Emmys, online shows may take big leap Thursday
This undated publicity photo released by Netflix shows Will Arnett, left, and Jason Bateman in a scene from "Arrested Development." If Netflix's "House of Cards" and "Arrested Development" become the first online shows to reap Emmy nominations Thursday, July 18, it will be a watershed moment for programs that don't need television sets to make a splash. (AP Photo/Netflix, Michael Yarish)
LOS ANGELES (AP) — If Netflix's "House of Cards" and "Arrested Development" on Thursday become the first online contenders to nab top Emmy nominations, it will be a breakthrough moment for shows making a splash without the aid of a TV set.
If not, it's just a matter of time before the inevitable happens.
The video universe that once meant simply broadcast television, then added cable and satellite, has splintered again to encompass websites including YouTube and streaming services including Netflix and Amazon.
The expansion was recognized in 2008 by the Academy of Television Arts & Sciences with a rules change that added the Internet as an eligible Emmy platform. As with broadcast networks and other video distributors, programs must reach more than half of the U.S. audience to make the cut.
When the Emmy nods are announced early Thursday, a fair number of pundits say clever political drama "House of Cards" and "Arrested Development," the offbeat sitcom resurrected by Netflix after it was dumped by Fox, will be in the awards hunt.
The series are tagged for possible top drama and comedy bids, with "House of Cards" stars Kevin Spacey and Robin Wright and "Arrested Development" cast members including Jason Bateman, Jeffrey Tambor and Jessica Walter seen as contenders for acting nominations.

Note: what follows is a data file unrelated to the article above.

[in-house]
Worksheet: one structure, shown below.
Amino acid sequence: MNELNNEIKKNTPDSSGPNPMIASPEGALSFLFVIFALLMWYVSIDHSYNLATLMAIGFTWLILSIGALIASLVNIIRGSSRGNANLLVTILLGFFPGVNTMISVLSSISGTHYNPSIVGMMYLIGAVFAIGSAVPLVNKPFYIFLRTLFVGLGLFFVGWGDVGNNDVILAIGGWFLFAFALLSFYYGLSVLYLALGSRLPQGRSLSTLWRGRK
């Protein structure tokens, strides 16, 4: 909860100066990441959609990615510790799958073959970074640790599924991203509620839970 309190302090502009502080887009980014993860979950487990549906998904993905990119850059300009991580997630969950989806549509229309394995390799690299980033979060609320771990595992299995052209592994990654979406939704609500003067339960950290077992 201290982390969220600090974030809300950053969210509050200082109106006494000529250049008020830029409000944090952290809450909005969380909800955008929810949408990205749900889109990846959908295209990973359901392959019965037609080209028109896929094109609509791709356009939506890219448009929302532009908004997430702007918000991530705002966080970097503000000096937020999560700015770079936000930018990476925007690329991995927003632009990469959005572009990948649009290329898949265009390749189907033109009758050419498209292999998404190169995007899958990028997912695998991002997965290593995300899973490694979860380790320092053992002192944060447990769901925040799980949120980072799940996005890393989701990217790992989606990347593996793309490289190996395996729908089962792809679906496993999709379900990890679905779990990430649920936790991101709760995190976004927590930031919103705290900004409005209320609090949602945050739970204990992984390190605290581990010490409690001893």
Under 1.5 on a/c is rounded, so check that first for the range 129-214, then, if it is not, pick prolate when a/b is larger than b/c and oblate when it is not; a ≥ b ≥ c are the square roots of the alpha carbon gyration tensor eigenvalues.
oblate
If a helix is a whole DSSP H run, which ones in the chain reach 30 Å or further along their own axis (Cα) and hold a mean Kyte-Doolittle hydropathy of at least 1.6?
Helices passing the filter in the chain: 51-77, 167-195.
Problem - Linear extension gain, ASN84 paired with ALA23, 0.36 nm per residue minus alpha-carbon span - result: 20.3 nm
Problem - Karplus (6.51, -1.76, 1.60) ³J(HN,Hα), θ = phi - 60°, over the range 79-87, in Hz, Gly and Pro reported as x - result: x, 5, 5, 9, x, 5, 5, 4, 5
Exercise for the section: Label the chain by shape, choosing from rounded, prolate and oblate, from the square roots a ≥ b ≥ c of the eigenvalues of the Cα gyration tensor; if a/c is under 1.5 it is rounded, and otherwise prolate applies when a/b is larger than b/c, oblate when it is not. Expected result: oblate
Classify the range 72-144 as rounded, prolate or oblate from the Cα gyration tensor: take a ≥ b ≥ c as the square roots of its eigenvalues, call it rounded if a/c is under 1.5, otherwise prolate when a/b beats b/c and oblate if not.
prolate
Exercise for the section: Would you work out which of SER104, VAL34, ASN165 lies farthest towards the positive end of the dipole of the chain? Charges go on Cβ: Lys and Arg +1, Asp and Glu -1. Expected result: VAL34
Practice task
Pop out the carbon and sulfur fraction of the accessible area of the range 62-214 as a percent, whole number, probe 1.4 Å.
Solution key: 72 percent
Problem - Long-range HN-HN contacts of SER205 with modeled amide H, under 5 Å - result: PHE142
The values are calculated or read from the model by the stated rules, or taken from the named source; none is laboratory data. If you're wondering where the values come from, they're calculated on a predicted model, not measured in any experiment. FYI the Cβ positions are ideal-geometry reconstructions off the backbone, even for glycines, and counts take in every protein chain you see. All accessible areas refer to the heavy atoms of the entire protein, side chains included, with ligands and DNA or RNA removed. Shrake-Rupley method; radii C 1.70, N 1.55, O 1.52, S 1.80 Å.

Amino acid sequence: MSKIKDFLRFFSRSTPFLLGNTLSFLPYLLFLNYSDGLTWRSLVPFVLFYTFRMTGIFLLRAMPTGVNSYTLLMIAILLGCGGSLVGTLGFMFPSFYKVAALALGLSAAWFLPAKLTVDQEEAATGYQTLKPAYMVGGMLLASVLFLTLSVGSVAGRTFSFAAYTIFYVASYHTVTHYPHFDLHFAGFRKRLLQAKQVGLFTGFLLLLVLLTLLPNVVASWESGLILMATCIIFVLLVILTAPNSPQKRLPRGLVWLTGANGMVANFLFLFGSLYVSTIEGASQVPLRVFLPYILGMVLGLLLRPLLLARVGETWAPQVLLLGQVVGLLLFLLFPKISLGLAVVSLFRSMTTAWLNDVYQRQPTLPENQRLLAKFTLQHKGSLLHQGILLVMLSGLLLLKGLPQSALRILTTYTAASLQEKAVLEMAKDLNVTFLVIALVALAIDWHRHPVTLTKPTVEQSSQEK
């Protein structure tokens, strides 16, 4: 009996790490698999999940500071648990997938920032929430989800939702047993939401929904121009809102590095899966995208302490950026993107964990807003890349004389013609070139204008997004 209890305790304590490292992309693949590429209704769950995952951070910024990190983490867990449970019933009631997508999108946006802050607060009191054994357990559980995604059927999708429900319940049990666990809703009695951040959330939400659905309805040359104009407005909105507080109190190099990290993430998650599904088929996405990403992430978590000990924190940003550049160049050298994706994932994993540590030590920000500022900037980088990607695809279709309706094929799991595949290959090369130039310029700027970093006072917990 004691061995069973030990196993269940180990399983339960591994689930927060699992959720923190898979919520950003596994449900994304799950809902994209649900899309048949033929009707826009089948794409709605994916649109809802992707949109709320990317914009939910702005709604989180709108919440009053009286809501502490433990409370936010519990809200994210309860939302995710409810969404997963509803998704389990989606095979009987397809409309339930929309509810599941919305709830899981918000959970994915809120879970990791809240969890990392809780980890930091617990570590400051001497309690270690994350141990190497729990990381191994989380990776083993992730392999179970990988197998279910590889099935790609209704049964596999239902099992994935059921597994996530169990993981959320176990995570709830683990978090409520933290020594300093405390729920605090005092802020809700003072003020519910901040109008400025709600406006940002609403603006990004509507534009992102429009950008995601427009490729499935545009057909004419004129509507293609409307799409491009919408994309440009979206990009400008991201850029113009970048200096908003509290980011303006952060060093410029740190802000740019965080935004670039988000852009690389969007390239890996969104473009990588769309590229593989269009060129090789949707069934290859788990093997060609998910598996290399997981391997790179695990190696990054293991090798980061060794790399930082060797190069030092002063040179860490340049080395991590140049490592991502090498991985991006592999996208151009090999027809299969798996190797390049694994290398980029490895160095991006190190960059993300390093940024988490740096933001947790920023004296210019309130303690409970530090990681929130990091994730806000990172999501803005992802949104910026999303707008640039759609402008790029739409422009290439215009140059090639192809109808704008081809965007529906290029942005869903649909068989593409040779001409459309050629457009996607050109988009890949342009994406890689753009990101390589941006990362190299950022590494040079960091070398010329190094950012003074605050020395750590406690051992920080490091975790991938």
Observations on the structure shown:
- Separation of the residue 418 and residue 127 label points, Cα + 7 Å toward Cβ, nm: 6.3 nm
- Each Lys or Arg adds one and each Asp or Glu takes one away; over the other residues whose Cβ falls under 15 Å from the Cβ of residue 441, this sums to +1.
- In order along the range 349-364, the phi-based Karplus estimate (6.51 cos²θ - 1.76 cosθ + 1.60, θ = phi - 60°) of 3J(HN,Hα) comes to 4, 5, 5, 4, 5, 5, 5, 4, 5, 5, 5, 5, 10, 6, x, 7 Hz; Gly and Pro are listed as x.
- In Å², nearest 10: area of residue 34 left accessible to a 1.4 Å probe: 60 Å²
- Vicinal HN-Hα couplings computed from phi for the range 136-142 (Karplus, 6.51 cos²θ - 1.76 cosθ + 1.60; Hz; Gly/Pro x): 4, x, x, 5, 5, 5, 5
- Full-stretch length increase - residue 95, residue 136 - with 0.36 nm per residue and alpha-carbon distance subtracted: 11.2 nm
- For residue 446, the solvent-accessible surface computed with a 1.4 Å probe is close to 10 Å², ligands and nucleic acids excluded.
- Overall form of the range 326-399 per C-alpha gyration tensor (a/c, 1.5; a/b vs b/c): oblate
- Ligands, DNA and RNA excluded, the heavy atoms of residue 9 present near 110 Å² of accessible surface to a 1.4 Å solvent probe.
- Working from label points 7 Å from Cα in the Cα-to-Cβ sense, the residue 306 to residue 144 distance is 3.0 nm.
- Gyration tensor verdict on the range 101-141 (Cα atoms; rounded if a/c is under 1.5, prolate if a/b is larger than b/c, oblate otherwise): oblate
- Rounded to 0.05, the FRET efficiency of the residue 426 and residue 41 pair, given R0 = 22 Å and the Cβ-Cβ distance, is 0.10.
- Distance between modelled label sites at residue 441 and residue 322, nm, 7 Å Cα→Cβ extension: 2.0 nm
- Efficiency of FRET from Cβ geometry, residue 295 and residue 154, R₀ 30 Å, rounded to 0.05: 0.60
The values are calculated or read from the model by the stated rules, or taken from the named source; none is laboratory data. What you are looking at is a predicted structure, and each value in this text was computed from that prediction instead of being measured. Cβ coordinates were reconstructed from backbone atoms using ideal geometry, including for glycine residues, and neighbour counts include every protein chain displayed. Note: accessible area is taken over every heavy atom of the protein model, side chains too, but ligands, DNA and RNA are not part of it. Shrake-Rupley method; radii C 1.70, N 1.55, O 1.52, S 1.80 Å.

There have been Internet nominees before, such as last year's "Web Therapy" and "30 Rock: The Webisodes" in a short-format category, but not in the premier fields of acting and best series.
Online shows competing with Emmy champs "Breaking Bad" and "Modern Family" will be the 21st- century version of the watershed 1990s showings by HBO's "The Larry Sanders Show, "The Sopranos" and "Sex and the City" in those high-gloss categories.
As for this year's potential game-change, "It certainly is a marker of the new era. ... It will send shock waves through the industry," said Tim Brooks, a former network executive and TV historian who co-wrote "The Complete Directory to Prime Time Network and Cable TV Shows."
The Emmys rarely provide a ratings boost akin to the box-office advantage that can be conferred by Oscar or Tony honors, but Brooks said they are meaningful to industry insiders.
This image released by Netflix shows Kevin Spacey as U.S. Congressman Frank Underwood in a scene from the Netflix original series, "House of Cards." If Netflix's "House of Cards" and "Arrested Development" become the first online shows to reap Emmy nominations Thursday, July 18, it will be a watershed moment for programs that don't need television sets to make a splash. (AP Photo/Netflix, Melinda Sue Gordon)
"It makes it acceptable for A-list creatives to work for you. They like awards and the acclaim of their fellows," he said. Good programming thus begets more good programming and, for services like Netflix, potentially more revenue-producing subscribers.